I came across an interesting paper the other day that look at the changing nature of delusions within populations presenting at US psychiatric hospitals.
The researchers found something very interesting but fairly obvious. The nature of delusions is changing in that it is reflective of the culture at the time. The authors found that –
…more patients after 1950 believe they are being spied upon is consistent with the development of related technology and the advent of the Cold War.
Delusional content tended to reflect the culture at the time, with focus on syphilis in the early 1900s, on Germans during World War II, on Communists during the Cold War, and on technology in recent years.
Indeed, delusions now are being reported relating to computers, the internet and computer games.
Delusion content across the 20th century in an American psychiatric hospital. The International journal of social psychiatry. 2011. Cannon BJ, Kramer LM
This sent me off thinking about delusions in general since traders are a fairly delusional bunch of individuals and I wanted to know whether there had been any work done recently not necessarily on the cultural basis for delusions but rather in people estimating or giving a measure for an activity they were performing.
I have long known that people are very poor statisticians and monitors of their own performance but I was specifically interested in estimates. The reason I was interested in the estimation of given events is that new traders traditionally overestimate what they will achieve in the near term. A consequence of this is that they underestimate the capital they need to fulfil their goals. An extension of this is the usual shonk ads you see telling people they can quit their day job and intraday trade currencies with only $10,000.
Whilst there is no actual data that I could find quickly on traders I could find a lot from the field of exercise science, particularly on the nature of weight loss. In particular I came across a paper called Normal weight men and women overestimate exercise energy expenditure Willbond SM et. al.. J Sports Med Phys Fitness. (2010) 50(4):377-84.
This paper looked at something very interesting – it tried to quantify how much people overestimated the number of calories burned in a given fixed exercise. The study recruited 17 subjects of which 16 completed the study. Those that completed the study were half were men and half were women aged between 20-35 who were considered to be of a normal weight. The participants were defined as having been only moderately active in the past 6 months and had stable weight.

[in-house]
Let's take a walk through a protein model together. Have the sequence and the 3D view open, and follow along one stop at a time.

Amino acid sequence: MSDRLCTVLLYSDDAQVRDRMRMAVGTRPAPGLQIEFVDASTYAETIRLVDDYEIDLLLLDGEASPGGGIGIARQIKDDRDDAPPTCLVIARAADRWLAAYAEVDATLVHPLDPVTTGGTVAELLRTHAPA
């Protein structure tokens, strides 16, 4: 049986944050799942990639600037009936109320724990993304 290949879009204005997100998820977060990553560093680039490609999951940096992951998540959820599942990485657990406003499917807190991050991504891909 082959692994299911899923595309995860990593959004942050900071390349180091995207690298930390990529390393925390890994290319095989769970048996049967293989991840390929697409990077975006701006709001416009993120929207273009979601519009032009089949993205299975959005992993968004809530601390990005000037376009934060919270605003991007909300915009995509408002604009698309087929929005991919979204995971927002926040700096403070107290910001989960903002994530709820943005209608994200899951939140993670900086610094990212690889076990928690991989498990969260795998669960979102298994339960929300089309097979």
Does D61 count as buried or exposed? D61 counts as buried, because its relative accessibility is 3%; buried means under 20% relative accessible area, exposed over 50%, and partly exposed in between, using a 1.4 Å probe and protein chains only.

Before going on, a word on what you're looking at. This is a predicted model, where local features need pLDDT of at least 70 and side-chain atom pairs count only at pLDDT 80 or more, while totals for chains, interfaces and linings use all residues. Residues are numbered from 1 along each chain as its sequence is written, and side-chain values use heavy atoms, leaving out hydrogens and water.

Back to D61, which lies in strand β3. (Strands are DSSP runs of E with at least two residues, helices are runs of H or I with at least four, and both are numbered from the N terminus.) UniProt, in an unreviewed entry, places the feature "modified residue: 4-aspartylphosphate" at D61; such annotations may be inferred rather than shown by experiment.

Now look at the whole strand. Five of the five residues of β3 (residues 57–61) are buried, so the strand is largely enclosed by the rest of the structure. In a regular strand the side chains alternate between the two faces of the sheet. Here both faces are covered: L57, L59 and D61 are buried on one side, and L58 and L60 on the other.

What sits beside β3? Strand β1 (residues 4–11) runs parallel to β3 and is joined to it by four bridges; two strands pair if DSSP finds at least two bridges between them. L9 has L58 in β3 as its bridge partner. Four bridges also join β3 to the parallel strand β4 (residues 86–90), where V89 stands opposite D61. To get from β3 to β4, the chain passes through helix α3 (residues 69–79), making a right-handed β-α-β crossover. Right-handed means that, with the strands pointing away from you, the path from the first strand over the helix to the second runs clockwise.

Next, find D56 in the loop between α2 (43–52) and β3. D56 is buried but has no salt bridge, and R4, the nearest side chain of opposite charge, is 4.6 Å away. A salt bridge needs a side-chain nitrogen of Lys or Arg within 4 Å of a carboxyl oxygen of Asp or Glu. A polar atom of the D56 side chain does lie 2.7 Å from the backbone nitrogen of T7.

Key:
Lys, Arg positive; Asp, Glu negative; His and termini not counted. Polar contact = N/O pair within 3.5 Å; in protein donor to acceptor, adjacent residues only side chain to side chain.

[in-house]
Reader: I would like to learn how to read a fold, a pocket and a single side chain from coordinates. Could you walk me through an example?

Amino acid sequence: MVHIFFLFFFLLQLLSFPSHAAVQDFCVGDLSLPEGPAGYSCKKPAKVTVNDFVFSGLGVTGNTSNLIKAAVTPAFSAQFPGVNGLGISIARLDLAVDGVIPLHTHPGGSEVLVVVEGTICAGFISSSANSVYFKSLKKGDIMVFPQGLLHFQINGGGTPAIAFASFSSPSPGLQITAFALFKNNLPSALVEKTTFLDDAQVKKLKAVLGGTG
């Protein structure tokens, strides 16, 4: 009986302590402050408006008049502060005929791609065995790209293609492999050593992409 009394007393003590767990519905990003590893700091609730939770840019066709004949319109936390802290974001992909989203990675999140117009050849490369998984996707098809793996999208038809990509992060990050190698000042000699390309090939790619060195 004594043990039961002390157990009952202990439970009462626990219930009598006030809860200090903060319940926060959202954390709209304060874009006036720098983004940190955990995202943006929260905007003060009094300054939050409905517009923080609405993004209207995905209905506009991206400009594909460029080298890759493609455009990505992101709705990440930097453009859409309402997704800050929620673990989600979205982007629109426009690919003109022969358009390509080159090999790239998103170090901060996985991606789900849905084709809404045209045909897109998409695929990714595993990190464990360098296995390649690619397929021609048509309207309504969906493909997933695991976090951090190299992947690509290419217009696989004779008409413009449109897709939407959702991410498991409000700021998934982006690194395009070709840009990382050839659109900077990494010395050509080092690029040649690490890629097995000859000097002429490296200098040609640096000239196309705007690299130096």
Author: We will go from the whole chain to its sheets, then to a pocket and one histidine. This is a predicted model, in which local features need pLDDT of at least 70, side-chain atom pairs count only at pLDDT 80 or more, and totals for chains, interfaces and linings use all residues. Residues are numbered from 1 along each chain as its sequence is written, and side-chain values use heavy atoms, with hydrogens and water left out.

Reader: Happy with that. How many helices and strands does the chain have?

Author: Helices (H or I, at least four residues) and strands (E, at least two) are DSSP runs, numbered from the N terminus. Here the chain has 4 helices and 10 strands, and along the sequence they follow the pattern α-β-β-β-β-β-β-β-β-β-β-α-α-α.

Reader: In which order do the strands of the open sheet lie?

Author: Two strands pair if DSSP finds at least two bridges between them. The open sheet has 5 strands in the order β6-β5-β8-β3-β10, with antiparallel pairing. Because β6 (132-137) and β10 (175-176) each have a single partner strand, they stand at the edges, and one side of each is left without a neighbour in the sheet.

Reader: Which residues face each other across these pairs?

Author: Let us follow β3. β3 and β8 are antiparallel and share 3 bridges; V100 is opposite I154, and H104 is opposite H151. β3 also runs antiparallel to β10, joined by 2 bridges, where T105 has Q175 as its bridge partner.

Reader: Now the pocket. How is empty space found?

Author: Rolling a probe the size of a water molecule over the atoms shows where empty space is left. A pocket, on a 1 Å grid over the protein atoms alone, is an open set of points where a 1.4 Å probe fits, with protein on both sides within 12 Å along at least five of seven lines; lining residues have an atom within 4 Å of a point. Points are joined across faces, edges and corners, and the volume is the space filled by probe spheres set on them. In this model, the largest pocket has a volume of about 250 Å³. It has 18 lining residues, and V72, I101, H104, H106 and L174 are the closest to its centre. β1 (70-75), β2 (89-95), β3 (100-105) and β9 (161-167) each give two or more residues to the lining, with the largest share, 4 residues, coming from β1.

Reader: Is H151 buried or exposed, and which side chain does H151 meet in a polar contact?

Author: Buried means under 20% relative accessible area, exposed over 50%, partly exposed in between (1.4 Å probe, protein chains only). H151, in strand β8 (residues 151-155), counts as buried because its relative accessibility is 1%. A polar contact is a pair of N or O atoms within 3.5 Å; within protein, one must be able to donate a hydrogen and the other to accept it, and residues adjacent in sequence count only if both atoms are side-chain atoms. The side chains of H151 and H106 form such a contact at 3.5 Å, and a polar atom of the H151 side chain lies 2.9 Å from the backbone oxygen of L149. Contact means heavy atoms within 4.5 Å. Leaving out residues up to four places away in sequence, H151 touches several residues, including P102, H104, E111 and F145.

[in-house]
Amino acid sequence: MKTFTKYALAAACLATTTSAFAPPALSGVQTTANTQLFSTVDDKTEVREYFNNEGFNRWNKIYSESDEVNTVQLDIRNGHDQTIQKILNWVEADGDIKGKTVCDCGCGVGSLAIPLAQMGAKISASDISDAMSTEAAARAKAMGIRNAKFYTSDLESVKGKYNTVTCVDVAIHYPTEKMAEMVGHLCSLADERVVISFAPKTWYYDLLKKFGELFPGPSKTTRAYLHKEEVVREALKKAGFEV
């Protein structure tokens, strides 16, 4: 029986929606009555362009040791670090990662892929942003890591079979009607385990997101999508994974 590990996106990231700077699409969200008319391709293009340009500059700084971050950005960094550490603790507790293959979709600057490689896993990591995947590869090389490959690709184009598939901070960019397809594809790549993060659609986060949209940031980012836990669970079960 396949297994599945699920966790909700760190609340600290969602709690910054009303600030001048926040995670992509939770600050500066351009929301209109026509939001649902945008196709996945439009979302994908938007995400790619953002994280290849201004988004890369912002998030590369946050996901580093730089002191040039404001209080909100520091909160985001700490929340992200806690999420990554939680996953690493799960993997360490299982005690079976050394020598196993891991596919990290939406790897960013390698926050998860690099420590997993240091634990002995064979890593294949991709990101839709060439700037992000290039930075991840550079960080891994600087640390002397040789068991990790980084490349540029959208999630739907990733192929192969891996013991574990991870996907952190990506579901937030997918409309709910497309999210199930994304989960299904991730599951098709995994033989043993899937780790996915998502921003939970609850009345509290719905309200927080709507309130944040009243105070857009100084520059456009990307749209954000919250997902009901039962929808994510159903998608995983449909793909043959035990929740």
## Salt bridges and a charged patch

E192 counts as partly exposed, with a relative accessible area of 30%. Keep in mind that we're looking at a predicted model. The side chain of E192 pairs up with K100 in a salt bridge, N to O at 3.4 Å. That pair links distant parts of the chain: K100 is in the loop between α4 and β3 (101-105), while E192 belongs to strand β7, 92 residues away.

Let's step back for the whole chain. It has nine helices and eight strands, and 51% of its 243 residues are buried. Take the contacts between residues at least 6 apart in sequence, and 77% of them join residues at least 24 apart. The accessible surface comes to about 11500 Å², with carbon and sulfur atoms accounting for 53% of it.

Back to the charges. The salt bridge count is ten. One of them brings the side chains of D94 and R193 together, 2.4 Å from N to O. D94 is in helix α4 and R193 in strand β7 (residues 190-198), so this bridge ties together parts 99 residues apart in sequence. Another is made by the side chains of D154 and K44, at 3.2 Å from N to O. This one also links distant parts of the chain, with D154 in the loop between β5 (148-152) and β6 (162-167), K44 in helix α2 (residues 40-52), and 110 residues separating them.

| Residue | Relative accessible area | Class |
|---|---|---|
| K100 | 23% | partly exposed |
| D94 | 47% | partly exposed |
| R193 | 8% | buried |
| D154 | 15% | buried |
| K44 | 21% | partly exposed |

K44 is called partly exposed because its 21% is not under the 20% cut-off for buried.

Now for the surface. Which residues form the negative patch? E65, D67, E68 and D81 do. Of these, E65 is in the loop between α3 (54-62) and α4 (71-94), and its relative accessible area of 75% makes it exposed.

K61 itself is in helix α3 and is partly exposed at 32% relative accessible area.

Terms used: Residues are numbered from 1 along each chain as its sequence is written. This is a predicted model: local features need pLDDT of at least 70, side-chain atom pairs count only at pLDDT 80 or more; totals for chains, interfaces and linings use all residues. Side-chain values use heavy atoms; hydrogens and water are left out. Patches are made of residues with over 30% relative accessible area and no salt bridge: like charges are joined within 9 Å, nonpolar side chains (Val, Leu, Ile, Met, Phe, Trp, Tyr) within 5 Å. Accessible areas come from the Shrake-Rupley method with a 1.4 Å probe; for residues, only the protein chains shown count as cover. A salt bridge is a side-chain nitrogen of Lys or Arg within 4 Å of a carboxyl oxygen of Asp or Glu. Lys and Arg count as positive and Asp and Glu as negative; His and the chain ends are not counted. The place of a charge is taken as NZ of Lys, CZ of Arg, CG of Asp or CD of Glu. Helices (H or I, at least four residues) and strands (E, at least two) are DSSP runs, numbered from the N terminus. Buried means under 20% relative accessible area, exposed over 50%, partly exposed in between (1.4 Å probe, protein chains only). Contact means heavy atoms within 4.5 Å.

Participants were given two different exercise routines which had been calibrated to burn either 200 or 300 calories. At the end of the session, the participants were asked to estimate how many calories they had burned. This is where is gets a little odd and shows how delusional people are. The range for the 200 calorie exercise ranged from 120 to 4000 calories. The average estimate for the 200 calorie bout of exercise was 825 calories. The average for the group was out by a factor of four and the outlier of the group was out by a factor of 20. The results for the 300 calorie trial show similar poor estimations.
Take a deep breath and think about this – all these people had done was walk at a brisk pace for 28 minutes. To put this into context to burn 4000 calories you would probably need to run a marathon in under 2 hours and 30 minutes marathon carrying me on your back. This is a profound overestimation yet even the average guess was out by 400% – so much for the wisdom of the crowds that social networkers go on about. The crowd in this instance were pretty dim.
The question of estimating calorie expenditure is an interesting one because it is in many ways the flipside of asking people to estimate their calorie intake. Most people underestimate their intake by somewhere between 30% and 50% depending upon the study and the test group.
So, how does this relate to trading?
The answer can be found in reframing the question. Imagine you give a series of traders a demo account where they can trade any instrument they like. After the trial period you ask them how well they think they would do in trading for real and I can guarantee that the results will be probably as far from reality as when people are asked to estimate how many calories they burn in a given period. Overestimation is in my view a function of overconfidence and much work has been done on overconfidence in traders (see “Boys will be Boys: Gender, Overconfidence, and Common Stock Investment” with Brad Barber, Quarterly Journal of Economics, February 2001, Vol. 116, No. 1, 261-292.)
The notion of overestimation is an important one for traders because all too often we see traders quit their day jobs and head off into the field of full time trading with insufficient capital. Their decision having been based either on a demo account, a share trading competition or some dodgy course they have done. The amount of money needed to trade full time is sobering for many but for some a dose of reality proves to be no impediment at all. After all how hard could it be when you have managed to trade a demo account for four weeks without completely blowing yourself up.